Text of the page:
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Cory Booker Kicks Off Ivy League Education in High Impact Philanthropy

November 5, 2010

[tweetmeme] What can donors learn from the mayor who engaged $250 million in private donations to fund high impact solutions for vulnerable families in his city?

That’s what participants will find out at our inaugural donor seminar, this November 7-8. Co-hosted by the Center for High Impact Philanthropy,  The Annie E. Casey Foundation, and the Wharton School, the seminar presents a radical idea—an Ivy League education in high impact philanthropy. It gives donors access to the best thinking and latest research in a purely educational forum where they can learn among peers and where no solicitation is involved. Questions we’ll address include:

  • What are the highest-impact ways to help families suffering because of the current economic situation?
  • What can donors learn from the latest academic research on hunger, health, and homelessness?
  • What key lesson can nonprofits on the front lines offer to donors seeking to make a difference?

Few individuals in the world are as qualified to speak to these questions as our keynote speaker, Newark Mayor Cory Booker. Mayor Booker made national headlines twice this month–first for securing $100 million from Facebook founder and CEO Mark Zuckerberg, and subsequently for an additional $25 million from Pershing Square Capital Management founder Bill Ackman. In the past four years, Mayor Booker has raised $250 million in private philanthropy to help turn around a city one quarter of whose residents live at or below the federal poverty line, and one half of whose high school students do not graduate. Most importantly, he is a man whose career has been defined by a commitment to social impact.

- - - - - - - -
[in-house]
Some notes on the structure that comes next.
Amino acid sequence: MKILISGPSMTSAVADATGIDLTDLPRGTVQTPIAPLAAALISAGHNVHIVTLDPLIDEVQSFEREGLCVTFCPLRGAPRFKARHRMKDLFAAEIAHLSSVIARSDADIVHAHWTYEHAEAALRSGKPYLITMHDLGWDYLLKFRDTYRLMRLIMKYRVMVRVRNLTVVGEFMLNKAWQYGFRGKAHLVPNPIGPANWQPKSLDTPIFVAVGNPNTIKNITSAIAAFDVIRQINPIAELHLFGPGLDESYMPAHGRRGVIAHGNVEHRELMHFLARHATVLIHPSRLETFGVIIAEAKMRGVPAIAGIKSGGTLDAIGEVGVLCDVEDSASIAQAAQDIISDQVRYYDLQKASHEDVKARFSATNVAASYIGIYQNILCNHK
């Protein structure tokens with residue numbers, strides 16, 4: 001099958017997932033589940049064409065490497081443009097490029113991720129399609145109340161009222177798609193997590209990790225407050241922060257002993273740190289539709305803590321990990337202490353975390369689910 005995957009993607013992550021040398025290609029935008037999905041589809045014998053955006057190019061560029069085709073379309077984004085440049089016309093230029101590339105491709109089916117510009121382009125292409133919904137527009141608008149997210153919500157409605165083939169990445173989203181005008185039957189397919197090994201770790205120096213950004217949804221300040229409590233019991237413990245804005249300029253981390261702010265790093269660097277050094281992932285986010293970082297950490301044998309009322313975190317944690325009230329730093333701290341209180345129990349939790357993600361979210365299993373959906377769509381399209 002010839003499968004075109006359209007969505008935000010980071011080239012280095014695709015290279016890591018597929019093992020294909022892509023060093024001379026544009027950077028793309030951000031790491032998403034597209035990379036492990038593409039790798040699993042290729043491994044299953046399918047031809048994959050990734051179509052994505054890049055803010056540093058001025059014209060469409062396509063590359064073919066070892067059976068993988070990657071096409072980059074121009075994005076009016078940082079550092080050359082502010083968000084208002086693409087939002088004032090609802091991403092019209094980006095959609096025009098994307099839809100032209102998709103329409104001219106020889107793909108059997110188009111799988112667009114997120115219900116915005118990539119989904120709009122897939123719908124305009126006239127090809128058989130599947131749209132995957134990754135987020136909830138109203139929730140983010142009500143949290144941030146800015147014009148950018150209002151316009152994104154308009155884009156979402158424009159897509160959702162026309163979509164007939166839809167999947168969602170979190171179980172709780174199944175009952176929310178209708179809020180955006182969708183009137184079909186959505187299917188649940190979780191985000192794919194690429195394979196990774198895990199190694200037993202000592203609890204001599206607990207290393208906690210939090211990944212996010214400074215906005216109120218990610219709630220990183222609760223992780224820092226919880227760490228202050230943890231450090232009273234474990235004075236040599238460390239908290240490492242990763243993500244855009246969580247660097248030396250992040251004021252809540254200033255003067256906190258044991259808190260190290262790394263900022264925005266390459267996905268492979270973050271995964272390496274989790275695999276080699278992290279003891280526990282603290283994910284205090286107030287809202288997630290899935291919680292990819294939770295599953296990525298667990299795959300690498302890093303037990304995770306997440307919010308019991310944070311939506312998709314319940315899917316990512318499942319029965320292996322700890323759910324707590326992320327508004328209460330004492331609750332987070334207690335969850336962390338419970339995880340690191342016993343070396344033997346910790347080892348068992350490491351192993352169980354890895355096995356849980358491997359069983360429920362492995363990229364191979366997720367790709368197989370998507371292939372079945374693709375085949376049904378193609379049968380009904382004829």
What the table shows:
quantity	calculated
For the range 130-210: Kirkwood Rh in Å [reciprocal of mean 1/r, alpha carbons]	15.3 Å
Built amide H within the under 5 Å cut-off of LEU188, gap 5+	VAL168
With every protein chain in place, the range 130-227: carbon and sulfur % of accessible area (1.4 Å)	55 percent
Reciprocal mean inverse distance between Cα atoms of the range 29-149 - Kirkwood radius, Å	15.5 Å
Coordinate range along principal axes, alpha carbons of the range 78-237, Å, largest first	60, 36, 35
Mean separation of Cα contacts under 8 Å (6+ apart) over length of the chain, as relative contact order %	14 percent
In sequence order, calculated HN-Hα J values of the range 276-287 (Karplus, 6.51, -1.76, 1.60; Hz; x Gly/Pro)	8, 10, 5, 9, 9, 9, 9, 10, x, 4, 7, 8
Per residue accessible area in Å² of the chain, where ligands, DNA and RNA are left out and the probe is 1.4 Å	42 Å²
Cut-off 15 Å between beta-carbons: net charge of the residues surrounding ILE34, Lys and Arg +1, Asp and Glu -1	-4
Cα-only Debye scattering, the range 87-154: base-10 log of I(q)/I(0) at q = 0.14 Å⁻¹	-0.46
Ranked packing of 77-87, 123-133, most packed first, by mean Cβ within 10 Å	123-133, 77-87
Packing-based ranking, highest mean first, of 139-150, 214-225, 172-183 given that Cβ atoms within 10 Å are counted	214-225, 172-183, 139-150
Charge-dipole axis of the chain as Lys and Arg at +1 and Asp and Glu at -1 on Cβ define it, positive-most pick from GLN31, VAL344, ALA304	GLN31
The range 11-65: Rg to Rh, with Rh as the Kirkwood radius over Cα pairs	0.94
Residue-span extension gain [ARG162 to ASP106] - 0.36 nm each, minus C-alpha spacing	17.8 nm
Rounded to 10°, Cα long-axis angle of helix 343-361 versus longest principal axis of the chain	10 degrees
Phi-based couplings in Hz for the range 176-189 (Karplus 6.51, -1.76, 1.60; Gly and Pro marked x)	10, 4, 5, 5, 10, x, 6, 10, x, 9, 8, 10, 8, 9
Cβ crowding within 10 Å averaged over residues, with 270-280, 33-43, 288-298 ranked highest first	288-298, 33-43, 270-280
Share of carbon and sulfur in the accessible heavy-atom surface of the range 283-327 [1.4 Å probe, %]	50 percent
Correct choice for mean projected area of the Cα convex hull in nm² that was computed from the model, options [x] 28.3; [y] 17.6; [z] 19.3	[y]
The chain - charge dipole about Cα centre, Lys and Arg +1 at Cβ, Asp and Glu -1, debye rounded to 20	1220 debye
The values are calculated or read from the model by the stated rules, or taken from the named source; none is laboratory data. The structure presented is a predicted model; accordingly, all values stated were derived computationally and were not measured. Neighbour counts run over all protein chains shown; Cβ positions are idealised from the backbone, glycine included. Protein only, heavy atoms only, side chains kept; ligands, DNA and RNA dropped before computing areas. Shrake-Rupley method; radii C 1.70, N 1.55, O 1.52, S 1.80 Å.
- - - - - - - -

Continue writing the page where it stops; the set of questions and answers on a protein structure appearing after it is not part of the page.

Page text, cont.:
Alongside Mayor Booker we’ve assembled leading academic researchers like Penn’s Dennis Culhane and Drexel’s Mariana Chilton. We’re bringing in diverse funder perspectives such as Purpose Prize Fellow Warren Kantor, Annie E. Casey’s  Bob Giloth, and Deputy Mayor Don Schwarz. In the afternoon, we’ll examine lessons from the field as three nonprofit leaders—Suzanne Boas of CredAbility, Peggy Hill of Nurse-Family Partnership, and John Arnold of Feeding America West Michigan—discuss successes and hard-earned lessons from working on the front lines of addressing the needs of vulnerable families.

Our “class” is comprised of individual high net worth donors, family foundation representatives, and venture philanthropy investors.  It’s a diverse group, spanning multiple geographies, backgrounds, and generations. But all share two qualities: a  commitment to impact and a desire to learn.

The seminar is closed to the public, but you can be a fly on the digital wall by following us on Twitter with the #DonorEdu10 hashtag at: or by following CHIP’s twitter at

In addition, you can read our Center’s guide for donors on the issue, “High Impact Philanthropy in the Downturn  (High Impact Philanthropy in the Downturn)

2 Comments leave one →
  1. September 14, 2011 1:21 pm

    Families from a low income background are the most vulnerable in society. Children from these backgrounds are more likely to commit crime and fall behind academically. It is therefore awe inspiring that $250 million dollars has been provided to vulnerable families in his city.


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